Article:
New Hampshire Boat Museum 399 Center St. Wolfeboro (603) 569-4554 www.nhbm.org Hours: Open Memorial Day weekend through Columbus Day weekend. Open Tuesday through Saturday from 10 a.m.-4 p.m. and Sunday from 12-4 p.m. Thursday admission is free. Admission: Adults are $9; seniors (65+) are $7, students 14-21 are $7 and children 13 and under are free. About: Displays of historic and contemporary power boats, canoes and other watercraft used on local lakes. You can also take a lake cruise aboard the replica Millie B.
American Classic Arcade Museum Funspot, 579 Endicott St. Laconia (603) 366-4377 www.funspotnh.com Hours: Monday through Friday from 12-10 p.m. and Saturday and Sunday from 10 a.m.-10 p.m. Admission: Donations About: Claims to have the largest collection of vintage working arcade games in the world.
New Hampshire Farm Museum 1305 White Mountain Hwy. Milton (603) 652-7840 nhfarmmuseum.org Hours: Open to the public Memorial Day to June 21, weekends only from 10 a.m.–4 p.m. From June 21 to August 30, open Wednesday-Sunday from 10 a.m.-5 p.m. Open August 29-October 20, weekends only from 10 a.m.–4 p.m. Admission: Cost is adults $10, children age 4-17, $5; seniors and students, $7.50; family rate, $25. About: Learn about three centuries of New Hampshire farm life at this working farm.
Lake Winnipesaukee Museum 503 Endicott St. Laconia (603) 366-5776 www.lwhs.us About: Exhibit includes vintage souvenir postcards, photographs and memorabilia of summer camps and steamboats.
Libby Museum 755 North Main St. Wolfeboro (603) 569-1035 www.thelibbymuseum.org Hours: Open Tuesday-Saturday 10 a.m.-4 p.m. from June 1 through Labor Day, except Mondays. Open Sundays from 12-4 p.m. Admission: $5 for adults and free to seniors and veterans. About: A natural history museum built in 1912 by local dentist Henry Libby includes mounted animals, Abenaki Indian artifacts and more.
The Wright Museum 77 Center St. Wolfeboro (603) 569-1212 www.wrightmuseum.org Hours: Open May 1-October
31, 10 a.m.-4 p.m. on MondaySaturday and 12-4 p.m. on Sunday. Closed November through April, except by appointment. Admission: Adults are $10; military and seniors are $8; children ages 5-17 are $6; and children under 4 are free. About: Explore World War II memorabilia, including tanks, posters, home front exhibits and other art and artifacts from the Greatest Generation.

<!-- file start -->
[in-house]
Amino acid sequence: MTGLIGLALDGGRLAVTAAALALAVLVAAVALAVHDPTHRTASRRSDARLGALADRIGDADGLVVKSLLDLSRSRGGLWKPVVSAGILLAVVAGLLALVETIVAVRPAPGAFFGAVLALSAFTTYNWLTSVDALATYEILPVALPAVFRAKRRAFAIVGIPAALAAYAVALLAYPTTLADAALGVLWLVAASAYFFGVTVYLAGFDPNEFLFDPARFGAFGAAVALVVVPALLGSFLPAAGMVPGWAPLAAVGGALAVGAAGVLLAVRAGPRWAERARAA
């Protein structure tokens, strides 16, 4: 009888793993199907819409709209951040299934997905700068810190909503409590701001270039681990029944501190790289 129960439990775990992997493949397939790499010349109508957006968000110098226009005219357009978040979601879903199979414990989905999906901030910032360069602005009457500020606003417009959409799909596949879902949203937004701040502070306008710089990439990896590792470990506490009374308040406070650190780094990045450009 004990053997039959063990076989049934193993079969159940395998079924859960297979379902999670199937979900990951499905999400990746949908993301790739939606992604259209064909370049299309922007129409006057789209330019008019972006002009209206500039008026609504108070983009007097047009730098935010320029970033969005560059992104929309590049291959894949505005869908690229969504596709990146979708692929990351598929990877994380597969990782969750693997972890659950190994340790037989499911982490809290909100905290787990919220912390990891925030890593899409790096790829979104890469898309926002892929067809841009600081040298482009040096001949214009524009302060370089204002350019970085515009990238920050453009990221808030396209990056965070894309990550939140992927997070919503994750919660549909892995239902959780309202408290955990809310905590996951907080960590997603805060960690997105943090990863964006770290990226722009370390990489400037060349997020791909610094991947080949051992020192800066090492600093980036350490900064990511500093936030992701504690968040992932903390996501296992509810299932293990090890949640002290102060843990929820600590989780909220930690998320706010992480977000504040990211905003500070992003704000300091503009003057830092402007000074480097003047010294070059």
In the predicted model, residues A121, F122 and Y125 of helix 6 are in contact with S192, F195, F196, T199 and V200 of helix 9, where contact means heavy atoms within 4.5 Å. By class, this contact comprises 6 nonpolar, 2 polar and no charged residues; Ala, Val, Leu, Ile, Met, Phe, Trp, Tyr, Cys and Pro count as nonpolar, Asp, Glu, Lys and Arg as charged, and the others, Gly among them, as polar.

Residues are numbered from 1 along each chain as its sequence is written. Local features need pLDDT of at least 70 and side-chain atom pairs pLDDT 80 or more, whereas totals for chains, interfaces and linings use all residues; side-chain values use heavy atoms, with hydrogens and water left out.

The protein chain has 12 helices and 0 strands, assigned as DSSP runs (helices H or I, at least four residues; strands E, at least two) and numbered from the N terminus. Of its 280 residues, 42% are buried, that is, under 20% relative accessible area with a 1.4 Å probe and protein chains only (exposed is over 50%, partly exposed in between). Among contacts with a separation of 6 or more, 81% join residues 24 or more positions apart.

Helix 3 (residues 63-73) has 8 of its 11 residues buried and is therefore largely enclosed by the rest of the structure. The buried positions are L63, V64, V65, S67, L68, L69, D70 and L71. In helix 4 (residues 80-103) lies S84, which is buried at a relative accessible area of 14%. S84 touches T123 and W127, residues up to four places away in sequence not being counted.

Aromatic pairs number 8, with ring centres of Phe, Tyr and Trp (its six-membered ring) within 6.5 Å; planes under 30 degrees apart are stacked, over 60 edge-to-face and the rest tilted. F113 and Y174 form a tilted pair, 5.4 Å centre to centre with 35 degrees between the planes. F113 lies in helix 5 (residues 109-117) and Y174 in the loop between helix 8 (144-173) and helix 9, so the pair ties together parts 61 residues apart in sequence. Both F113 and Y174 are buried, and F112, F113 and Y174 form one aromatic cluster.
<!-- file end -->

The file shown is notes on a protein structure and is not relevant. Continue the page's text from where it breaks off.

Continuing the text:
Seacoast Area Museums Children’s Museum of New Hampshire 6 Washington St. Dover (603) 742-2002 www.childrens-museum.org Hours: Open Wednesday and Sunday from 9-11:30 a.m. and Thursday-Saturday from 9-11:30 a.m. and 1-3:30 p.m. Admission: $11 for adults and children over age 1; seniors (65+) are $9. About: Check out hands-on learning and fun for all ages. Climb through caves, discover dinosaurs and learn to fly. There are also numerous ongoing STEAM innovation programs as well as special events. New this year is the outdoor Play Patio with water beads, bubbles, sensory tables, kinetic sand and much more.
Derry History Museum 29 West Broadway Derry (603) 434-1247 derrymuseumofhistory.org Hours: Open Sunday 1-5 p.m. and by appointment Admission: Free About: This local potpourri includes Native American artifacts like a dugout canoe and a quill basket. There’s also a room devoted to native son, astronaut Alan Shepard, and a rock artifact commemorating
the growing of the first potato in North America in town in 1719.
Great Bay Discovery Center 89 Depot Rd. Greenland (603) 778-0015 www.greatbay.org Hours: Open WednesdaySunday from 10 a.m.4 p.m. May 1 to September 30. As of press time, the center’s building and bathrooms were still closed due to COVID-19, but all outdoor areas were available with a porta-potty in the parking lot near the play area. Admission: Free About: The Great Bay Discovery Center is located along the shores of Great Bay and offers indoor and outdoor exhibits and activities including accessible trails and boardwalks, gardens, birding, a replica of a 19th-century gundalow, touch tank and much more.
Tuck Museum 40 Park Ave. Hampton (603) 929-0781 www.hamptonhistoricalsociety.org Hours: Open in the spring, summer and fall on Sunday, Wednesday and Friday from 1 p.m.- 4 p.m. Admission: Free but donations are appreciated. About: Exhibit of millstones, monuments, a fire station museum, old postcards and memorabilia of this seaside town first settled by Puritans in 1638. Collection includes the Viking’s Stone thought by some to be a relic of an early visit to the area by Norsemen.